What he needed was an unequivocal display of support. It came courtesy Albert H. Hamilton, a controversial expert witness with a long and highly checkered history. Shades of gray simply vanished whenever Hamilton took the witness stand. And he was the supreme courtroom showman. To audible gasps, he produced Haden's skull in court, rolling it expertly in his hands as he spoke, pointing out to the jury that "the bullet was fired across the head and slightly backward." The absence of scorching or powder burns on the surface, and the presence of subcutaneous powder staining, led him to describe the wound as "sealed contact," by which he meant that the gun had been held so tightly against the head as to prevent any explosive gases escaping. Had this happened while Clarke was asleep, said Hamilton, he would have awoken instantly and knocked the gun away.
Nonsense, jeered the prosecution, after all, how long does it take to press a gun against a sleeping person's head and pull the trigger? But Hamilton always sounded wonderfully plausible on the stand. He didn't deal in ambiguities or qualified maybes, he gave the jury 24-karat certainties. And he didn't fail here. Having examined the bullet wound, he issued his verdict: "Absolutely suicide. There is not a scintilla of evidence to support a theory of homicide or murder… I found nothing to support anything but suicide. I say this not as an opinion, but actual knowledge."
If Hamilton was good as a witness, then Lancaster was downright sensational. He came across as every inch the honorable British officer, frankly admitting his "unworthy, foolish, and cowardly" actions in forging the suicide notes. No matter how many times the prosecution trapped him in lies and discrepancies, Lancaster always managed to shade the exchanges in his favor. He had captured the heart of the court and it showed. Several times the gallery burst into spontaneous, boot-stamping applause at his answers, prompting Judge Henry Fulton Atkinson to pound his gavel and thunder, "This is not a vaudeville show!"
In final speeches, two very different pictures of this tragedy were painted. The defense portrayed Clarke as an alcoholic, drug-taking, backstabbing bigamist whose only decent action in life had been putting a bullet in his own brain; while Captain William Lancaster was given a lump-in-throat depiction of the gentlemanly officer and all-round decent chap. According to the State, Lancaster was "a supreme actor, shrewd beyond degree. Cold, calculating." And they urged the jury to set aside any prejudices they may have held about Clarke's unconventional lifestyle and judge the case on its facts. "Do not let sympathy or emotions play a part. Decide simply if Haden Clarke committed suicide or if William Newton Lancaster killed him." On August 18, 1932, it took the jury just five hours to find Lancaster not guilty. To a chorus of almost frenzied cheering he left the courtroom and entered the Miami sunshine.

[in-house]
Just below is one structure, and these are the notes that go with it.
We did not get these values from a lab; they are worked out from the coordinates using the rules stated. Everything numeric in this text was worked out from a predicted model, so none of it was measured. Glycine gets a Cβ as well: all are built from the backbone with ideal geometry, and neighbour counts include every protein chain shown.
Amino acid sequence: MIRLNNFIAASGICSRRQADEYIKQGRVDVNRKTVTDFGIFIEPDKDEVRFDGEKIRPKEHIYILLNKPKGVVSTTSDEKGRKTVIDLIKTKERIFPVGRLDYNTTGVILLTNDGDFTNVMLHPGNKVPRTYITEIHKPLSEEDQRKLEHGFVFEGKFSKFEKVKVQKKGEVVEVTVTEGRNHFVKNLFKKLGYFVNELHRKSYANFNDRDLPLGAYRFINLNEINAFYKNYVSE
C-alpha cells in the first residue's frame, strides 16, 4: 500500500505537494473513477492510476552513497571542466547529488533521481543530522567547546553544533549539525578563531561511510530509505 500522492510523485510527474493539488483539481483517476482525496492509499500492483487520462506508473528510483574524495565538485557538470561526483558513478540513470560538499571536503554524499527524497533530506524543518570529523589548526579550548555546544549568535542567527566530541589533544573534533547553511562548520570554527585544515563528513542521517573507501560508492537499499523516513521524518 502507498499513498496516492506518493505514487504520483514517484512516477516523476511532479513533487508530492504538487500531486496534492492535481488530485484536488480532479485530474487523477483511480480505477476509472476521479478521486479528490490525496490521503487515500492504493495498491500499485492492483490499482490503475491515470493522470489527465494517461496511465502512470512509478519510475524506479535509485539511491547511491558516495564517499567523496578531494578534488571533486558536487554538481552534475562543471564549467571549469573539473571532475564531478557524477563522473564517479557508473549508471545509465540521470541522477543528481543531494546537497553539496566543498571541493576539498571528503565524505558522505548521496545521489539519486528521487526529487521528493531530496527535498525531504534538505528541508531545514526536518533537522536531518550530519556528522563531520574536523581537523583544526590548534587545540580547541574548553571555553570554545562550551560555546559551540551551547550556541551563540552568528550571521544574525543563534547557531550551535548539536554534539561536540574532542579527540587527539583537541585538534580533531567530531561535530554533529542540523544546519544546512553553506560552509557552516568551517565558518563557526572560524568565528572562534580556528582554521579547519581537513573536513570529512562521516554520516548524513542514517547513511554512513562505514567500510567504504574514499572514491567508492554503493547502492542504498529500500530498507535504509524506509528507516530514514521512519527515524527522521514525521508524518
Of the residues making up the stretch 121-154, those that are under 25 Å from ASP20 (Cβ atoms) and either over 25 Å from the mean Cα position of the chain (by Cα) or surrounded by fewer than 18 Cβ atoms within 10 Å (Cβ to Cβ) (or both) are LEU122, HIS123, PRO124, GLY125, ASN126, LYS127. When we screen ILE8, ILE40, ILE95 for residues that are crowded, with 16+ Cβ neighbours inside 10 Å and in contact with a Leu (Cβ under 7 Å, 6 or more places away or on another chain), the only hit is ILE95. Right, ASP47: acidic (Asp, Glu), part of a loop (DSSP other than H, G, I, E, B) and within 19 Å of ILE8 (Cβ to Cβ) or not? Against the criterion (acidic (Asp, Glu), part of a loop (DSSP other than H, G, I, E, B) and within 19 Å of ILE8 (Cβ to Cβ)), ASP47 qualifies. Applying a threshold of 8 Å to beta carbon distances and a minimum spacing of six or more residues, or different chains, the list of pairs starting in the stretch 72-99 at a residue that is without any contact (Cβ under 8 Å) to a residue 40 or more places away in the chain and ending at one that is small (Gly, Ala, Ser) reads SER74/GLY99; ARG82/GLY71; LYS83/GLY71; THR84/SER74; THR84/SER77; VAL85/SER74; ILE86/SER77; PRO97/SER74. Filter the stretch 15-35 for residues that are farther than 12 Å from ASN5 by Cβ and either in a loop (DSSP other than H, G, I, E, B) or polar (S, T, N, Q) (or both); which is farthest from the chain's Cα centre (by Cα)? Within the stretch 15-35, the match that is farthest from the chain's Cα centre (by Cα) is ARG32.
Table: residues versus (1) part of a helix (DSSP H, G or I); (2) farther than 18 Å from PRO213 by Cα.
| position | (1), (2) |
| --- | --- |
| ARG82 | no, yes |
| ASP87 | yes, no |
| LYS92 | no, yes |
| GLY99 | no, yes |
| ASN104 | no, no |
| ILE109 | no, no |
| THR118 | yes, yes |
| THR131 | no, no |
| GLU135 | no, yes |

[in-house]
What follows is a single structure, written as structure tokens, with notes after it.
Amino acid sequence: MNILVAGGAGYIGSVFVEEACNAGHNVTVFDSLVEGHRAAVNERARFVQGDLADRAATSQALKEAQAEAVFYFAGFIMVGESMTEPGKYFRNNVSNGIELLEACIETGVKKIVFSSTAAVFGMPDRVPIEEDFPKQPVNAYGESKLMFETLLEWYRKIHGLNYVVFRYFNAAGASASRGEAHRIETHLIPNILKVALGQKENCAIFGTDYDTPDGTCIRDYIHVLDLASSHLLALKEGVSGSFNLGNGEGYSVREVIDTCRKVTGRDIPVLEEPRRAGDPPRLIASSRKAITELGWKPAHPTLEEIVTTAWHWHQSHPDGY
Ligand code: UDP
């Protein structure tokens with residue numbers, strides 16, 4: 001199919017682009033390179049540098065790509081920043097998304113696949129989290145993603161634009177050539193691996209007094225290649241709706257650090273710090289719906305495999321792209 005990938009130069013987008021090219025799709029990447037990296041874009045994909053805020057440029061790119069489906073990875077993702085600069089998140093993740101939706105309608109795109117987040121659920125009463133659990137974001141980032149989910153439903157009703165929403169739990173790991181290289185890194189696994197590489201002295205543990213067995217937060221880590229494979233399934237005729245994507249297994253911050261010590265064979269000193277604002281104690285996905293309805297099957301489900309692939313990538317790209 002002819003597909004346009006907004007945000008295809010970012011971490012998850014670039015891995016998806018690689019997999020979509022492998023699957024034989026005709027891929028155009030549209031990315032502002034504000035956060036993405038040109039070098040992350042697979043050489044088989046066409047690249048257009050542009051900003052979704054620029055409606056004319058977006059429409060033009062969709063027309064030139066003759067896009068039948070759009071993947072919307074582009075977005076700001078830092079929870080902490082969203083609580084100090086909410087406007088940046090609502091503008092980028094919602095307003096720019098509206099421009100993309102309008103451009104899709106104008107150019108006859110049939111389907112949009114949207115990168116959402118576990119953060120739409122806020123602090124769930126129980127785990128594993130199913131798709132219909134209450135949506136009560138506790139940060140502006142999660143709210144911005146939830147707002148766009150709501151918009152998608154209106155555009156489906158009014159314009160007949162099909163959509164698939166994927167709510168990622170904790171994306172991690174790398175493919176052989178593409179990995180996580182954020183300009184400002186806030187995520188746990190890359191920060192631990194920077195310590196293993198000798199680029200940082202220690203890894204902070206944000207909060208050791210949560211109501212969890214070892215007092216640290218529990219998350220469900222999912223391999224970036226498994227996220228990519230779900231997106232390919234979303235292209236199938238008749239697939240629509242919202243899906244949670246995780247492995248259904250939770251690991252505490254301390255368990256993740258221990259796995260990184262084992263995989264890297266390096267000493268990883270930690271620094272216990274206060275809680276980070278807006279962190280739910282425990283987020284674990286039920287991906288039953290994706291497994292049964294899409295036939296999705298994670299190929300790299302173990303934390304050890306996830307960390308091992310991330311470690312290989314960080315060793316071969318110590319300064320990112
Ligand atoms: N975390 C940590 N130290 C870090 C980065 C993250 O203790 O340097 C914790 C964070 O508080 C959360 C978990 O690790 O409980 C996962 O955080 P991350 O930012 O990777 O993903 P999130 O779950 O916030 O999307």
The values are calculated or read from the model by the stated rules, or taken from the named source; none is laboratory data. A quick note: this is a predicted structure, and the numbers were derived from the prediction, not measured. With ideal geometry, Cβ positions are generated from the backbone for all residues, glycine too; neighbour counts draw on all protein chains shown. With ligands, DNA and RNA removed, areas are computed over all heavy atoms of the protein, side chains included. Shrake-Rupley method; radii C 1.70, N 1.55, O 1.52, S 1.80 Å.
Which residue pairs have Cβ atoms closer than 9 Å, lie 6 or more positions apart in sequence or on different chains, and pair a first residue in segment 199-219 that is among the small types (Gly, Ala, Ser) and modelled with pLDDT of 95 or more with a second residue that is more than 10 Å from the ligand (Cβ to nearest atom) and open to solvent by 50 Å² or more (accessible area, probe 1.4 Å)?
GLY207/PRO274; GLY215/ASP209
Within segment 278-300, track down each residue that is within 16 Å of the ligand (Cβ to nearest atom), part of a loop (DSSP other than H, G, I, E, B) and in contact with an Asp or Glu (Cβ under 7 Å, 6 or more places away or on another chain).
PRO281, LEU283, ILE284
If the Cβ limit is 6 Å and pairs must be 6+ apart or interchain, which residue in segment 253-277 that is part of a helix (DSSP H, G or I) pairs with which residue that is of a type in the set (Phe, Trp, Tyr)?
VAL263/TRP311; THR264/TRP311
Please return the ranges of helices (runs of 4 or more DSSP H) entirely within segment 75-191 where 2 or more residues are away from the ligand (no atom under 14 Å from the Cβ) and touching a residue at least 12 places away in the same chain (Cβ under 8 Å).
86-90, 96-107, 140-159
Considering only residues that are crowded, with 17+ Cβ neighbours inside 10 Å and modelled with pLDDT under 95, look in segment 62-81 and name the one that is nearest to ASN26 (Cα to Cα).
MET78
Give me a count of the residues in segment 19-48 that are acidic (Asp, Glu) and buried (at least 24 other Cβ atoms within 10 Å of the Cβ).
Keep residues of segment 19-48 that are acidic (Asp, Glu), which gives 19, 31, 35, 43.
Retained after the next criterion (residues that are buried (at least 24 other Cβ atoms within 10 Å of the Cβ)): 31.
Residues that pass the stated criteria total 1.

Bill and Chubbie never did get back together and eight months later Lancaster was alone at Lympne airfield in Kent on April 11, 1933, when he set off on a mission to break the air-speed record between England and Cape Town in South Africa. Hastily contrived and poorly prepared, Lancaster's record attempt struck problems immediately. Already behind schedule, on April 13, he and his plane disappeared somewhere over North Africa. As search parties failed to find any wreckage, so rumors festered and grew. The most common had Lancaster, consumed by guilt, deliberately crashing his plane into the ocean, having the last laugh on the world by committing suicide, just like he had fooled everyone into thinking Clarke had done.
Another three decades would pass before the mystery of Lancaster's disappearance was solved. On February 12, 1962, a French army patrol in the Sahara found the twisted wreckage of a tiny plane and the mummified remains of William Lancaster. Until dying of thirst, Lancaster had kept a meticulous diary of his eight-day vigil in the burning desert. In it he expressed his undying love for Chubbie. There was not a single mention of Clarke. His final despairing entry – "I have no water" – was dated April 20, 1933. The next day he died, one year to the day after a bullet ended the life of Haden Clarke.
For a fuller account of Albert H. Hamilton's courtroom misdeeds, why not read: